Avoiding Liability Bulletin – July 15,2015

As has been discussed in prior Professional Liability Bulletins, when a nurse has allegedly injured a patient due to his or her professional negligence, the lawyer representing the injured patient will also name the nurse’s employer in the suit under the theory of respondeat superior and/or under the Corporate Theory of liability.

In the following case, whether the nurse was an employee of the hospital where the injury occurred or an employee of the nurse agency by which she was referred to the hospital was the focus of an appeal taken by the plaintiff.

The female patient was admitted to the hospital for a surgical procedure which occurred without incident. A central venous catheter (CVC) was placed in her jugular vein after surgery. Three days after surgery the CVC allegedly became disconnected when one of the nurses assisted the patient into a sitting position in her hospital bed. This resulted in air entering into the patient’s bloodstream and an air embolus traveled to her brain, causing severe brain damage and total disability.1

The patient’s husband filed a professional negligence suit and named several defendants, including several physicians, the nurses who had cared for his wife—one of which was an agency nurse–, the hospital, and the nurse agency who sent one of the nurses named in the suit. The trial court granted the nurse agency’s summary judgment motion, holding that neither common law principles nor the state Nurse Agency Licensing Act requires an agency to be legally responsible for an injured patient for any negligent acts performed by its nurses while working at a hospital.2

The Appellate Court carefully examined the evidence presented at the hearing for summary judgment at the trial level. The affidavit of the director and manager of the agency clearly stated that the agency, licensed under the state law, functioned as a “referral service” for RNs and LPNs. Hospitals contracted with the agency to obtain qualified nurses to fill staff positions on a temporary basis when needed. A hospital paid the agency an hourly fee based on the type of nursing services were provided and the agency in turn paid the agency nurse.

The agency nurse who cared for the patient testified in her deposition that her contract with the agency clearly stated that the relationship between the two was an “independent contractor, not employer-employee”. Because of this defined relationship, the nurse was required to obtain her own professional liability insurance, pay her own income and social security taxes, and general property damage insurance. The nurse was always provided a 1099 (independent contractor form) not a W-2 form.3

In addition, the nurse testified that the agency had no control over the manner in which she performed her duties while at any hospital. The hospital supplied the equipment she used in caring for patients and instructed her in the use of the equipment.

The Appellate Court opined that the agency was a referral agency only and not in the business of treating patients; it did not have any control over the “manner and method” in which the care of the nurse would be provided; and the nurse agency cannot be held vicariously liable for the negligent acts of the nurse because the Nurse Agency Licensing Act does not support this type of liability. The Court upheld the Summary Judgment Motion of the nurse agency.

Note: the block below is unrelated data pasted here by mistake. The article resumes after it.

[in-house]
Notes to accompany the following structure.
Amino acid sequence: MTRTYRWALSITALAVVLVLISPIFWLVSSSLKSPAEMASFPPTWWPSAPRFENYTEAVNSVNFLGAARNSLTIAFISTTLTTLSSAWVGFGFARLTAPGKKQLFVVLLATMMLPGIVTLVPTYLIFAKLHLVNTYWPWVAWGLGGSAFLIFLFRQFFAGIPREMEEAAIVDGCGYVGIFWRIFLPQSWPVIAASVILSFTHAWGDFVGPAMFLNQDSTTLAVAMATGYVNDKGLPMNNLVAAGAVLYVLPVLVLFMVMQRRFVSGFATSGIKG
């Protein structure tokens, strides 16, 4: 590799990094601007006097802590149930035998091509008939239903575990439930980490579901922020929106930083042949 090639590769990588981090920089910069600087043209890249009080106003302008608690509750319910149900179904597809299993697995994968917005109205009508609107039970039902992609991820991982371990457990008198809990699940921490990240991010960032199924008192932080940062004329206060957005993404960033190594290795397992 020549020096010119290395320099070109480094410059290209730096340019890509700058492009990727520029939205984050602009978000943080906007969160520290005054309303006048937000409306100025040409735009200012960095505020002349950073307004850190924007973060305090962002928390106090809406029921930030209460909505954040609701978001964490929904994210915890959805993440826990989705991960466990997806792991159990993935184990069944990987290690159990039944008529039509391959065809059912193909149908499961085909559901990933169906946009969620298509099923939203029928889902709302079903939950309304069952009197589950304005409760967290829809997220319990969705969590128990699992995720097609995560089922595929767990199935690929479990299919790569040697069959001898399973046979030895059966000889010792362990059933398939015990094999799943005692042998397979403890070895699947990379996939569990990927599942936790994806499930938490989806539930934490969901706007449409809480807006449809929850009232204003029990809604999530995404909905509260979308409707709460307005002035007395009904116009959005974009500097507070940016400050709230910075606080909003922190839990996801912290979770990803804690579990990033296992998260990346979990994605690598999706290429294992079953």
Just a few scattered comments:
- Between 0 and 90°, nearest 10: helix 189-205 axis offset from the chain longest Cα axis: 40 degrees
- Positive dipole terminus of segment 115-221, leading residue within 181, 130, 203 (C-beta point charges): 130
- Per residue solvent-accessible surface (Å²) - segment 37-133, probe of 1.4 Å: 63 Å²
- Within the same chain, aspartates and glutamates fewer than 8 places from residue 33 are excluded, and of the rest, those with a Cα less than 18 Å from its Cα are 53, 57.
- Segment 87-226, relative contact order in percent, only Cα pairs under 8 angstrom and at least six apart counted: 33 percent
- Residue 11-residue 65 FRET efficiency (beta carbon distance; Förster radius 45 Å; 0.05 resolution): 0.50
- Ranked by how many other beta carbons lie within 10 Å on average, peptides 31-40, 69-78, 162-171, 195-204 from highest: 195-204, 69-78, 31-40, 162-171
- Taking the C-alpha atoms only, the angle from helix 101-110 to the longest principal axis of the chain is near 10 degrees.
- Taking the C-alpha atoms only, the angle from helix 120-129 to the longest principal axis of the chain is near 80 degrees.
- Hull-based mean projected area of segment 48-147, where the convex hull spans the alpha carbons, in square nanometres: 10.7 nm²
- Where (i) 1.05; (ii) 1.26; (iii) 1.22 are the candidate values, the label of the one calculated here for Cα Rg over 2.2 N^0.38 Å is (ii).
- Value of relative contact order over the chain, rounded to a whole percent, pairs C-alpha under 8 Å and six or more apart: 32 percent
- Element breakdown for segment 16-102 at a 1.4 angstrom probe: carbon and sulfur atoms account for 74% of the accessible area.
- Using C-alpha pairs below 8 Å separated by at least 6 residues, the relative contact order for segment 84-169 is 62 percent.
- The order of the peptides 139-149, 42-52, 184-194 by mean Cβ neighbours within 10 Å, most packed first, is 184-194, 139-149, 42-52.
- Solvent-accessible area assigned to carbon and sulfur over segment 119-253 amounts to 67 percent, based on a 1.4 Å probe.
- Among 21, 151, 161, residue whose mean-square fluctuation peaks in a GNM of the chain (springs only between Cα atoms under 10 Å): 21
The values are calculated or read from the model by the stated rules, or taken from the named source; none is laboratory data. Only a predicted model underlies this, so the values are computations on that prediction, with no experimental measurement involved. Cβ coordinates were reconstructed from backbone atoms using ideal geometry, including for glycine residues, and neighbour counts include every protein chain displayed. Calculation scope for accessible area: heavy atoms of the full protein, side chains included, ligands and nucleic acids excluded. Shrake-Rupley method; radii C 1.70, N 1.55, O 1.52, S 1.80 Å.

It is unknown what happened with the case after this decision. The nurse, hospital and other named defendants may have settled the case with the patient’s husband or it could have gone to trial with a verdict in favor of the patient’s husband. A verdict against the husband could also have occurred if he were not able to prove that the nurse’s negligence proximately caused the patient’s injury.

Regardless of the outcome, this case is an important one for those of you who do registry or agency work. Although the case was based on both common law and a specific state statute, it has implications for you in whatever state you work. They include:

  1. Always provide nursing care in a non-negligent manner, regardless of your status as an employee or non-employee;
  2. Keep in mind that you always carry your employer’s liability on your shoulders under the theories of respondeat superior and/or the Corporate Theory of liability;
  3. Regardless of an employer’s being named in a suit, your own individual liability can result in you being a named defendant;
  4. Carefully read your agency or registry contact in order to be clear about what your legal status is with that agency or registry;
  5. If you have an independent contractor status with the agency, be certain to obtain your own professional liability policy, pay estimated withholding payments, pay income and social security taxes, and obtain coverage for workers’ compensation in the event you are injured while working; and
  6. Consult with a nurse attorney or attorney to determine the law in your state concerning who is your employer when working registry or agency, with a focus on case law decisions or statutes that might affect your status.


1. Hansen v. Caring Professionals, Inc., 676 N.E. 2d 1349 (Ill. App. Dist., 1997), 1350.

2. Id.

3. Id., at 1351.


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About the Author

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Nancy Brent

NANCY J. BRENT, MS, JD, RN, received her Juris Doctor Degree from Loyola University Chicago School of Law. Ms. Brent has been in practice for over 40 years and concentrates her solo law practice in education and consultation for nurses, nursing organizations, and health care delivery systems. She also defends nurses before the Illinois Department of Financial and Professional Regulation. Ms. Brent has published and lectured extensively in the area of law and nursing practice.